Two Draws in a season is a top tier record fewest for a 20 or more club season - Sunderland set the record in 1908-09, so for two clubs to match this in the same season (103 seasons in total) is quite remarkable. 

At the other end of the Draws table, only Southampton made double figures this season with 12, three clear of the next highest total. Like Tottenham, Southampton also drew their final game of the season. 

Twelve is the joint lowest 'winning' total in the Premier league era, matching Aston Villa's 12 in 2005-06, although in that season three other clubs also made double figures. 

This Premier League season is also only the second where the title would have gone elsewhere if we were still in the pre-1981 era of two points for a win. Manchester United would have won the 1994-95 title on goal difference from Blackburn Rovers, and Liverpool would be champions today. 

Look forward to more fascinating insights in the coming months. 

Tuesday, 7 May 2019

End of Season Goals

With just one round to go in the English Premier League, only a somewhat improbable clean sweep of ten draws next Sunday will prevent this season ending with the lowest Draw percentage in Premier League history.

It may come as a shock to some, but there was actually top level football prior to 1992 and here (left) is how the current season ranks overall for all seasons where fewer than one in five matches ended as a Draw.

Draws on the final day of the season don't occur any more or less frequently than in other rounds - some seasons zero (2017-18), others as many as six (2006-07), with an overall average of frequency of 21.67% since 2000-01. 

Backing the Draw in matches where the true difference between the teams is less than 25% and the ROI (using prices adjusted to an over-round of 102.5%) is 8.6% on the last day, not much different from the 9.13% over the 19 (almost) full seasons. 

No surprise that, once again, there are no Big 4 or Big 6 contests on the final day of the season. The last time this happened was in 2003 when Chelsea beat Liverpool 2-1 to clinch fourth place. It's almost as if this is by design. 

For those wondering about Aways, which is quite possibly no-one at all, the percentage currently stands at 33.24%. This season is already guaranteed to be the joint highest (tied with 2013-14) for Aways in top level English football ever, and just one more win will set a new high, with four more wins pushing the percentage above 33.33%. 
The total number of goals will also be interesting to watch. 31 more, and we will have an all-time Premier League record, while a low scoring final day with less than 16 goals (highly unlikely) will see the season finish eighth all-time. 

The final day sees an average goals per game of 3.12, with a high of 37 and a low of 23, so a new record is well within reach.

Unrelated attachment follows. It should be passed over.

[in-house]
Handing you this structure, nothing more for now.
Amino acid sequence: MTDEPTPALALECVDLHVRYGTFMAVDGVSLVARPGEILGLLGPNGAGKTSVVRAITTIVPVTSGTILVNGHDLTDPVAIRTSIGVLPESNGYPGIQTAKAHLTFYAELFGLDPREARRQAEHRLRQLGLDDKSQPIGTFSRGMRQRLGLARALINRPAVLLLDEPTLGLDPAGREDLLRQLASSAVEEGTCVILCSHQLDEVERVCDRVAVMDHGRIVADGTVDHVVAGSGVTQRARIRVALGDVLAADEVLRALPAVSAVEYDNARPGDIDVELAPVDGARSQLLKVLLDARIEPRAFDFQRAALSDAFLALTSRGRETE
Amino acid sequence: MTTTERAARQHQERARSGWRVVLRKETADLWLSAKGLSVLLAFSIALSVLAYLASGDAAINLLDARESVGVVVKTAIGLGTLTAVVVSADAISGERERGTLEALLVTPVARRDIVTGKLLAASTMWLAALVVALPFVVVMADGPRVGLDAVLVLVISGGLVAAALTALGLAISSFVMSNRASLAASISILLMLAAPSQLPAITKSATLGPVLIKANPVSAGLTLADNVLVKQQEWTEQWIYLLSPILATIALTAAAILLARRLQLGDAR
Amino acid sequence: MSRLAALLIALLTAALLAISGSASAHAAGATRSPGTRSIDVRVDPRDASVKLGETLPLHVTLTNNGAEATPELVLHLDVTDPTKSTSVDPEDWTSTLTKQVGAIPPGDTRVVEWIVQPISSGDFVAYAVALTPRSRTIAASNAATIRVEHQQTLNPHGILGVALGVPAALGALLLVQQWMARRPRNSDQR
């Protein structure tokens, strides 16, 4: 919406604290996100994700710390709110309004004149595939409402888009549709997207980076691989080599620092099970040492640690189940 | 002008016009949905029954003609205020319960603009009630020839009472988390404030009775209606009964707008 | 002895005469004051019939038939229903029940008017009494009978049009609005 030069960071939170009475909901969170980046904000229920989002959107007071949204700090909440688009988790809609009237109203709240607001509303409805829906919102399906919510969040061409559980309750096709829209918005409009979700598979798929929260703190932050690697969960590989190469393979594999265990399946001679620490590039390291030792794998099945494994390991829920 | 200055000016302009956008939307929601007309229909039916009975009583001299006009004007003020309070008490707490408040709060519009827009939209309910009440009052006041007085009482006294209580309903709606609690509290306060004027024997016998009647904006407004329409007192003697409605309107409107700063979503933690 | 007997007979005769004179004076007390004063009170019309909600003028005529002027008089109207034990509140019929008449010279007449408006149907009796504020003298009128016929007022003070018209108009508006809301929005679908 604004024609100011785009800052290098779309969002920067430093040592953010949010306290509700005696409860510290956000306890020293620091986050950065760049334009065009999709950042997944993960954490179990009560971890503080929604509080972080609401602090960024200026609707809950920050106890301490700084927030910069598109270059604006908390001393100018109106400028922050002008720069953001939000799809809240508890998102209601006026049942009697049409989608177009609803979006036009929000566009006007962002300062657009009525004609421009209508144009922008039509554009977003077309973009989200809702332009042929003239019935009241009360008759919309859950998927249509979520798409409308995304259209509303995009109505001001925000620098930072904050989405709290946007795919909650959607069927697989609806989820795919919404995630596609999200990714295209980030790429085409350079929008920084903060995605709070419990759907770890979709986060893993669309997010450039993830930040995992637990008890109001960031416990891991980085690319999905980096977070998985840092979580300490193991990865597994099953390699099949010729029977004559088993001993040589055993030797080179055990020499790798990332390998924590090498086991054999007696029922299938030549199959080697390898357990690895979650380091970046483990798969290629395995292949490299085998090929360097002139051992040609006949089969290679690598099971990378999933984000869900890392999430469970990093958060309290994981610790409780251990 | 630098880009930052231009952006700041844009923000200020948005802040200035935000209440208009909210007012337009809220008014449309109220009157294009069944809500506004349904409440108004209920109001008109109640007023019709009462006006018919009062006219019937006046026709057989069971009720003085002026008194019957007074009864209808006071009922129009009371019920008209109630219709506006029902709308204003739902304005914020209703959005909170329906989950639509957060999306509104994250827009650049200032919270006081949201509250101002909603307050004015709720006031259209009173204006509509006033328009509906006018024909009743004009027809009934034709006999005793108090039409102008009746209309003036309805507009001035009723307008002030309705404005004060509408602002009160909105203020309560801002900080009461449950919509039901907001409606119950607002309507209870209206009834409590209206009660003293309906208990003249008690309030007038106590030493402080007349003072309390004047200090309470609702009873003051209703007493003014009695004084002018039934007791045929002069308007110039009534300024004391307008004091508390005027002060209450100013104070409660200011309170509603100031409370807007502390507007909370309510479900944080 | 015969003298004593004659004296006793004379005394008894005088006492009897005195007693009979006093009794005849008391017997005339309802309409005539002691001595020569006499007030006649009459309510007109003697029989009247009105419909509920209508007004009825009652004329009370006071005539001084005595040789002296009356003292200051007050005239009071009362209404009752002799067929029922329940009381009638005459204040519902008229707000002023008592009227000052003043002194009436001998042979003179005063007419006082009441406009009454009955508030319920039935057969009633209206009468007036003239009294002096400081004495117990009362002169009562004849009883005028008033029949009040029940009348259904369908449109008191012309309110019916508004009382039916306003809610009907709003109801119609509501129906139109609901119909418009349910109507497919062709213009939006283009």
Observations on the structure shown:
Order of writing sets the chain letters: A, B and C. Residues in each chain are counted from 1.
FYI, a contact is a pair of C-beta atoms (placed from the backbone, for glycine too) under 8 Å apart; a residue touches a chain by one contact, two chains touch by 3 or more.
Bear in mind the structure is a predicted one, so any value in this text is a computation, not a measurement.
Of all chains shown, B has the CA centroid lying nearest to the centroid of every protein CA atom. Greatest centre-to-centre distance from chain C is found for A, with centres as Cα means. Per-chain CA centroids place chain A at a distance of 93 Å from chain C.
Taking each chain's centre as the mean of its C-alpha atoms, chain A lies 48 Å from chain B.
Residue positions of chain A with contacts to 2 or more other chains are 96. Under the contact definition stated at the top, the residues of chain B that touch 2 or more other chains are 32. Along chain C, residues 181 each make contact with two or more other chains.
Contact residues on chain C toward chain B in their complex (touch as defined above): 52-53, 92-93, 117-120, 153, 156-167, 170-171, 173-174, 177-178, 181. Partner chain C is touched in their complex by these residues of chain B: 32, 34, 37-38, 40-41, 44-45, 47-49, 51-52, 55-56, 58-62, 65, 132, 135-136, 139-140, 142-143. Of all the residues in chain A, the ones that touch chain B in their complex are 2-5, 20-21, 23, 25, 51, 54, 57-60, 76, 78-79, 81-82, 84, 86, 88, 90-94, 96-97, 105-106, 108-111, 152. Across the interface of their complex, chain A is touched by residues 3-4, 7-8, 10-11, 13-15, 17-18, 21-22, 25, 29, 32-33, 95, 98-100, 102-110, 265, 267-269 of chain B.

Saturday, 4 May 2019

Treasure For Sale

The infamous Gadoon Kyrallos, aka Spanky tweeted:

I have a copy of that book, and actually re-read it after reading Spanky's recommendation thinking I may have overlooked something, but aside from some interesting background as to how money line and point-spread betting came about, and the role of a bookmaker, and the importance of finding the best prices (soft lines), but surely anyone who is reading this knows about the principle of only betting when you have value. There's little else of any value in it as you might expect from a book written before the Internet was in common use. I replied to the tweet:
I re-read this book a few weeks ago. It’s outdated and not worth 80 cents, never mind $800. Got some interesting historical references admittedly but won’t give you an edge in today’s markets.
Spanky's response: 
My success in sports betting is based on the underlying principles in that book. To each his own brother. One mans junk is another mans treasure.
The conversation continued:
Seriously, if anyone wants to offer me $750 for the book, it is yours, and I'll even pay the postage and insurance.

** Update 5th May 7am: I don't make a habit of editing posts, but I just now came across a 2007 review of the book in question on the Las Vegas Revealed web site, and thought I would post it in full:

Reviewed by Nick Christenson
July 18, 2007

I only rarely write reviews of out-of-print books, and then usually only for those books that have some sort of timeless significance, such as Mike Lee's Betting the Bases, or David Hayano's Poker Faces. Certainly, I can't say that Jack Moore's, The Complete Book of Sports Betting belongs in this elite company. In fact, I debated with myself as to whether I should write this review at all. I do think that Moore's book is interesting, though, and it deserves more attention than it has gotten. The reader will ultimately need to judge whether it is worth seeking out or not.